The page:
On the desk of any phonics teacher worth their salt, you will find lists full of silly-sounding words like: ‘skron’, ‘spleg’, ‘drom’ and ‘pulk’! These strange words aren’t clues to a viral spelling game but nonsense words. Used as a diagnostic tool, nonsense words give teachers an insight into how much of the phonics code a child has learned and, critically, if they have the underlying skill of blending. In this post, we will explain nonsense words and provide some ready-made nonsense word lists so you can get stuck in right away.
Nonsense words are made-up words you won’t find in any English dictionary! Words like ‘fim’ or ‘stap’. That said, they will always conform to the rules of English. For example, ‘ckad’ would not be used as a nonsense word, as ‘ck’ is never found at the start of a word in English.
As you read my words, you are not s-ou-n-d-i-ng them out as you read; you are reading them as wholes. You recognise each word from your years of reading.
But when you attempt to read the name of this town, you will have to employ your knowledge of the English phonics code (for example, knowing that the ‘oo’ represents the /ew/ like in ‘zoo’ not the /u/ like in ‘cook’) and blend those sounds together to read the word.
Garrongoorung may as well be a nonsense word to the 99.99% of us who don’t know it and so makes a great word to test an adult’s phonics knowledge and underlying skills. Similarly, children who are learning to read are likely to have been exposed to lots of words and will recognise them by sight, words such as ‘dad’, ‘dog’, or even the name of their hometown (even when it’s as long as Garrongoorung!).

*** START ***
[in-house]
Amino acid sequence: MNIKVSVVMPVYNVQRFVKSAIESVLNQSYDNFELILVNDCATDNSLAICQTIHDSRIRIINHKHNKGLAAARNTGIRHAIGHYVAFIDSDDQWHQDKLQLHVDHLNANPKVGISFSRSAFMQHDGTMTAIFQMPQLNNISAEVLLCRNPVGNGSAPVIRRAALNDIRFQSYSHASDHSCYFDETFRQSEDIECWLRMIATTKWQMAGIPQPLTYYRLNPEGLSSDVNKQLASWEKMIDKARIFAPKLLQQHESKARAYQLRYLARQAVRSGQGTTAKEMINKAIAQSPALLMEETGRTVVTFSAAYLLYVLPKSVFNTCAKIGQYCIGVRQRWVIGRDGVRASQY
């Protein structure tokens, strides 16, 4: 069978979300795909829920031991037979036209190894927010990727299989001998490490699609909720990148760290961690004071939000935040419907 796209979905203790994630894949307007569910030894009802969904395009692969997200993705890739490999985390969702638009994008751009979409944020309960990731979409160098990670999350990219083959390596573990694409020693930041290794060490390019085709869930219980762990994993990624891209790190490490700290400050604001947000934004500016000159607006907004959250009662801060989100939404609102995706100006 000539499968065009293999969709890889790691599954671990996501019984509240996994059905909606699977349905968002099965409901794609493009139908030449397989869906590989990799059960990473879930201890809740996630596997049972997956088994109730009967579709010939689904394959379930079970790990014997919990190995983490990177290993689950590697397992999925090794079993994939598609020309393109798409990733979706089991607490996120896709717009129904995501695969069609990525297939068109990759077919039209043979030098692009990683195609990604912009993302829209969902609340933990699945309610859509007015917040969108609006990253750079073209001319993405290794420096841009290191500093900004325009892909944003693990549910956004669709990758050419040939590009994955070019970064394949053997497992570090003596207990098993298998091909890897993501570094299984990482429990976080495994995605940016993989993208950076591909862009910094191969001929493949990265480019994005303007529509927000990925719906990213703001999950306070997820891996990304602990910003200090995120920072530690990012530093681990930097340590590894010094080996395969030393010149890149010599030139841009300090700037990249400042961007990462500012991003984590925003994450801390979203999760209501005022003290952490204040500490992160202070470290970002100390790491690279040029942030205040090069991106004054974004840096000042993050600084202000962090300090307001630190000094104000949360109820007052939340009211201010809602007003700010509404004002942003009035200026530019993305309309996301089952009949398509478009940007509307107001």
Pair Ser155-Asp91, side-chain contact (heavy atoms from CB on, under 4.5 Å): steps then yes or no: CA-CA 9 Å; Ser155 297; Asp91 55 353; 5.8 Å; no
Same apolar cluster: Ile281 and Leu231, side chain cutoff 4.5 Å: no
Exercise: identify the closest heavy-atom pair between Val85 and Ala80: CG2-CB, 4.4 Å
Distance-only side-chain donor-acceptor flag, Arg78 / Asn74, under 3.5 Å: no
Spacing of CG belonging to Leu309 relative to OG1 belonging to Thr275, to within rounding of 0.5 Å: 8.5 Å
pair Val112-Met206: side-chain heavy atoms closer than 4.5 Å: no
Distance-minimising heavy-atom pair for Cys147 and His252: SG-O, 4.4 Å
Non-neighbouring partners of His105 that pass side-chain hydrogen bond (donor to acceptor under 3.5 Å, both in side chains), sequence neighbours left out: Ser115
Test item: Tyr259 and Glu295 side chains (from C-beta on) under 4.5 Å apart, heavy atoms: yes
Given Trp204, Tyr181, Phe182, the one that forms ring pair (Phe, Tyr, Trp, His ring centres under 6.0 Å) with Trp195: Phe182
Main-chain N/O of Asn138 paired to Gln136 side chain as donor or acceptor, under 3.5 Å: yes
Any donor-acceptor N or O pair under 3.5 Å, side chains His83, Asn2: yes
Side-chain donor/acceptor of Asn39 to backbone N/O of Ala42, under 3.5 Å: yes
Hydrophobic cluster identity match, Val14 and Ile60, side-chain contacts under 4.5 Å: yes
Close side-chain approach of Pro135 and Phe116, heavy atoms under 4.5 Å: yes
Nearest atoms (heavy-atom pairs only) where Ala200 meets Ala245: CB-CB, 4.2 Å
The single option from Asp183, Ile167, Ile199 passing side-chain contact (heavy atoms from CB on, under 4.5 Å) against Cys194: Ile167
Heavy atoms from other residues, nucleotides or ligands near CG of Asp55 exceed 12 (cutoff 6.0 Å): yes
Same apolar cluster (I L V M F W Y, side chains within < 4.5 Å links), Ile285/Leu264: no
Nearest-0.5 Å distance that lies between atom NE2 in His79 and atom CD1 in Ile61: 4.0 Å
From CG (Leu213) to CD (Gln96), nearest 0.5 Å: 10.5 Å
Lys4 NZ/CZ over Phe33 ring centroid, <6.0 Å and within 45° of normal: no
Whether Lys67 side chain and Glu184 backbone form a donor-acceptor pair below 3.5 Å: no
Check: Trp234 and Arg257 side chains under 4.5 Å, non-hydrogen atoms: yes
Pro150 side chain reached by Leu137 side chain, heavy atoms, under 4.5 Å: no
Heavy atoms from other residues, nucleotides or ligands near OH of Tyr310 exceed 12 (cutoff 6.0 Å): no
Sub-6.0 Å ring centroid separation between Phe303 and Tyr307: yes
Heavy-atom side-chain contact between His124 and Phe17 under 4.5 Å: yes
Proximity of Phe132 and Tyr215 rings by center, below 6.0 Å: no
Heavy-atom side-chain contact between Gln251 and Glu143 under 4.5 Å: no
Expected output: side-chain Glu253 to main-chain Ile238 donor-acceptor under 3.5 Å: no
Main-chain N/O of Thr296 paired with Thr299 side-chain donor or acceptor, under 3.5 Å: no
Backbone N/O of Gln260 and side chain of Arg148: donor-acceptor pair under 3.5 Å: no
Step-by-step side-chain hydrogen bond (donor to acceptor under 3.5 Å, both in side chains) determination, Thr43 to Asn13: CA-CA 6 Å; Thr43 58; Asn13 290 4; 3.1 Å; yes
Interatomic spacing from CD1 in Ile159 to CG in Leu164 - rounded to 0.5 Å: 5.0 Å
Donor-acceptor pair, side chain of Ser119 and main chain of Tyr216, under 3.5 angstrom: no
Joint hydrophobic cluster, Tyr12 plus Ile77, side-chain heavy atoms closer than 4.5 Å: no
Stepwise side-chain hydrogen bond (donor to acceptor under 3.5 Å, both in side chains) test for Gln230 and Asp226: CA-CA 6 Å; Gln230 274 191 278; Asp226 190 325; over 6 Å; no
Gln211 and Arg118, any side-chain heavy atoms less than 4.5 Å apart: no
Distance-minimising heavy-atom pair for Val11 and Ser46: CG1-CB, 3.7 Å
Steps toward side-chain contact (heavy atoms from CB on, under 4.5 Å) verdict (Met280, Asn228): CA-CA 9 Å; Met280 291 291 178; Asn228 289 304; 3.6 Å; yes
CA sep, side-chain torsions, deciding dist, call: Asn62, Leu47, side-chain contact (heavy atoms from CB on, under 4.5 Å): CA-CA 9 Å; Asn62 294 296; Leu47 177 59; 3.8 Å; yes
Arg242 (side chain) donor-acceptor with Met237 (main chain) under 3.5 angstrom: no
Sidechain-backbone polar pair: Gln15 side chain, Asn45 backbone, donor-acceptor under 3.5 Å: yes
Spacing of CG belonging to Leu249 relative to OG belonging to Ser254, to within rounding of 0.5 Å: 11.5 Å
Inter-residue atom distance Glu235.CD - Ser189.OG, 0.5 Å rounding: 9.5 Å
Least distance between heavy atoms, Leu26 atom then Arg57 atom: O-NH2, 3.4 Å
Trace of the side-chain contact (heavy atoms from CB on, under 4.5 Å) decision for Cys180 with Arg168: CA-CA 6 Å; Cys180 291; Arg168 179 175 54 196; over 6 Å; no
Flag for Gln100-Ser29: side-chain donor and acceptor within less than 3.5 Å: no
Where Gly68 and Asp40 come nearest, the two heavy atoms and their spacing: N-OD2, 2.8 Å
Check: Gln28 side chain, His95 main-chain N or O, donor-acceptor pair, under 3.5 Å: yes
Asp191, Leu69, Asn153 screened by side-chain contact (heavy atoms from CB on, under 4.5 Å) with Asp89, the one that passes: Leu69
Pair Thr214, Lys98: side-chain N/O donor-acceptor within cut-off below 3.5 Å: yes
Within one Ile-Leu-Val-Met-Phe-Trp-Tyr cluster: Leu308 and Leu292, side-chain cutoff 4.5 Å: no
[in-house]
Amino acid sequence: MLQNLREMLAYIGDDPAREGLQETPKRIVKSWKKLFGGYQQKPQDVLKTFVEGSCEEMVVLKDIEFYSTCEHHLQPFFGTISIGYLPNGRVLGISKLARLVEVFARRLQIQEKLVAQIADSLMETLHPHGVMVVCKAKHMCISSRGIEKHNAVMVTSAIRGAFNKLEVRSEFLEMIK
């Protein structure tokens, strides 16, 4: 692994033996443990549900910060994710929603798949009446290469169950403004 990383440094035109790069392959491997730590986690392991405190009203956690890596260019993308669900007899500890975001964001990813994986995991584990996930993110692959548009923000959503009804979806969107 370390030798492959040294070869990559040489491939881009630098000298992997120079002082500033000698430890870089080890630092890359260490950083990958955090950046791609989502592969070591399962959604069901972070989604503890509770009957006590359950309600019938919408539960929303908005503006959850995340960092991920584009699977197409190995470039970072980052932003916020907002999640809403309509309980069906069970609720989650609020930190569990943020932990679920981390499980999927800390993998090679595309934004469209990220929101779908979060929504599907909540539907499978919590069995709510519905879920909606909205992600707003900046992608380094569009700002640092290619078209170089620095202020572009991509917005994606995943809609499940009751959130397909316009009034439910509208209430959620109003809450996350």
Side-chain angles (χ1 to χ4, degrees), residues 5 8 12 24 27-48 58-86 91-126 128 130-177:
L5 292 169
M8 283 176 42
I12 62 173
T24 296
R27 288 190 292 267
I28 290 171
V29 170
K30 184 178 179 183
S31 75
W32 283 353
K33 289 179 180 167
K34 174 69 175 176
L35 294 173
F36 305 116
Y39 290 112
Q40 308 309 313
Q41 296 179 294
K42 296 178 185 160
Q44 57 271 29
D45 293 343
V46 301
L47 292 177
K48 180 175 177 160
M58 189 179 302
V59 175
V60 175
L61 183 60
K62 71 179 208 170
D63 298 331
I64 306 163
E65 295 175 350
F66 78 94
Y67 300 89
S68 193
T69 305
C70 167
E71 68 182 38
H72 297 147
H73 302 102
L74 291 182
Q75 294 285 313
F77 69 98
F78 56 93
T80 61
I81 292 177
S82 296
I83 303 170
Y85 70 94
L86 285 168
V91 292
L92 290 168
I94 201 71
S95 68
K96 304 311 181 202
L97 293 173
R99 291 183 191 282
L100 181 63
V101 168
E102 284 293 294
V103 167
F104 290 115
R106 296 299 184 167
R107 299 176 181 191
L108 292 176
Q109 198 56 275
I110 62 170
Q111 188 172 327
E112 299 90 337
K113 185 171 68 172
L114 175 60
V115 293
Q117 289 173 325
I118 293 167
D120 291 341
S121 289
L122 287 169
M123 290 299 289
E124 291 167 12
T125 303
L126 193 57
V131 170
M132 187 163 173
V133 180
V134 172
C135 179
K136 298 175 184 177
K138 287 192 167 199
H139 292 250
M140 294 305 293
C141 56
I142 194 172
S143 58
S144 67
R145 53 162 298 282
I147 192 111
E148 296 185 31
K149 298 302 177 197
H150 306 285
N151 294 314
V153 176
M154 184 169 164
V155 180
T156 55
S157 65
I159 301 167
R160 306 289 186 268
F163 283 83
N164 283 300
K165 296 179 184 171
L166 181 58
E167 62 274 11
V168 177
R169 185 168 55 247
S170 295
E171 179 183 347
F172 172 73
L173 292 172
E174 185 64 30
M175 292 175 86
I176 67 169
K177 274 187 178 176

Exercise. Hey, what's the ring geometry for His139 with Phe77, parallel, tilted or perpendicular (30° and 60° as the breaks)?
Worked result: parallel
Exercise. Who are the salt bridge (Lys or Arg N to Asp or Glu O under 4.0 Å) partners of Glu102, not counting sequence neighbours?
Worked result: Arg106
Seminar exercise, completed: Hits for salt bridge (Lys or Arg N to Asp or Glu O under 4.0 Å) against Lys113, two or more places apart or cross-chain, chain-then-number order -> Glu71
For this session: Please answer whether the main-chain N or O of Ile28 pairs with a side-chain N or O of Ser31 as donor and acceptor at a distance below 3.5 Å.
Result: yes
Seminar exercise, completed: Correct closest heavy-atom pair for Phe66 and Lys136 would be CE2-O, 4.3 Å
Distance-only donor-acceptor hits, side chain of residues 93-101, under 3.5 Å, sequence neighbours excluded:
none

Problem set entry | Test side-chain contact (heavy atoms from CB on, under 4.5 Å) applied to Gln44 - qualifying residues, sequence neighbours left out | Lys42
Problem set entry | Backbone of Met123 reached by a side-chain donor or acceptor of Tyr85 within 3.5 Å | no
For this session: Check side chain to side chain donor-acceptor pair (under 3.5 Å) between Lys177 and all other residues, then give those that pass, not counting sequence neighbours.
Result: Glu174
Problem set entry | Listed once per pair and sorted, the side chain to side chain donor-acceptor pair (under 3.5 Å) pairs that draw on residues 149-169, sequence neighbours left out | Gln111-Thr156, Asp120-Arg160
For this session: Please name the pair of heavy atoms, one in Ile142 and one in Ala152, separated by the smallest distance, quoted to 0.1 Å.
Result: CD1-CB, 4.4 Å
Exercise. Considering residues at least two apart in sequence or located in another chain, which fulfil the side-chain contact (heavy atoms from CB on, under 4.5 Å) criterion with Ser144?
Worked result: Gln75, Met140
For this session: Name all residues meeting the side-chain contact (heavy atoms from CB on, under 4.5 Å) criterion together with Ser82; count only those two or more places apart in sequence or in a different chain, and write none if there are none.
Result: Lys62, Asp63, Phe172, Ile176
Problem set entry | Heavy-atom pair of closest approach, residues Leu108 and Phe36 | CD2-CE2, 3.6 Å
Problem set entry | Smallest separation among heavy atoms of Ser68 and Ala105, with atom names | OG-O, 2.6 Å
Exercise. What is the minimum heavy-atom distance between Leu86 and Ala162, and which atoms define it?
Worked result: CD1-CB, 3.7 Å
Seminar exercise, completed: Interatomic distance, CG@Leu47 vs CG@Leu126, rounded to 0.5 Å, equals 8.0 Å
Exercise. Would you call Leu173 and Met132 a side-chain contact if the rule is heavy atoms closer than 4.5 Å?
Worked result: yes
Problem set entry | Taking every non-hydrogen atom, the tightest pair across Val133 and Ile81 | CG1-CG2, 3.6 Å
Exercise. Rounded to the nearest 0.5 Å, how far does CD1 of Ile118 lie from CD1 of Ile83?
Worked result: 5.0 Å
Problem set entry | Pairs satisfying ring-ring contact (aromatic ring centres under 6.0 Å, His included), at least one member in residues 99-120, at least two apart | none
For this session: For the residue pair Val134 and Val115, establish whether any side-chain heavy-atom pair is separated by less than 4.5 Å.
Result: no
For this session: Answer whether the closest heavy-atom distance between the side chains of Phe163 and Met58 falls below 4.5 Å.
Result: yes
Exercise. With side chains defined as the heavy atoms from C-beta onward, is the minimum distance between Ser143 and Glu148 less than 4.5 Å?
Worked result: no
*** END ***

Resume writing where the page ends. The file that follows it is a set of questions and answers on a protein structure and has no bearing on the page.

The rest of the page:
Nonsense words test if children really know letter-sound relationships and have strong blending skills. Since these words will always be unfamiliar, they must use their phonics knowledge to decode the word and accurately produce the whole nonsense word.
But why don’t we want children to learn to read by sight in English?
Marnie Ginsberg, who wrote our blog post How Children Learn to Read – the Science of Reading by Sound, puts it so perfectly:
Thousands of brain imaging, psychological, and other types of reading research studies have built a mountain of evidence to demonstrate that young readers of alphabetic languages (e.g. English or Spanish) learn to read via sound. Yes, of course, our eyes and visual system are involved. But the heavy lifting in cracking our written code–learning how to convert letters on the page into sounds in words that make meaningful words–is done by our sound processing system, or phonological system.”
Essentially, a child won’t get very far if they try to learn each word by sight in English!
Now you know what nonsense words are, how do you compile a nonsense word list?
You can get started with a 30-day free trial of the lessons by signing up as a teacher.
Take care not to overteach nonsense words. These are best used as an assessment tool and occasionally to get children comfortable with the assessment process. New English language learners won’t find nonsense words helpful either; when one is first learning English, every word can feel like a nonsense word to the child!
There you have it! Nonsense words explained!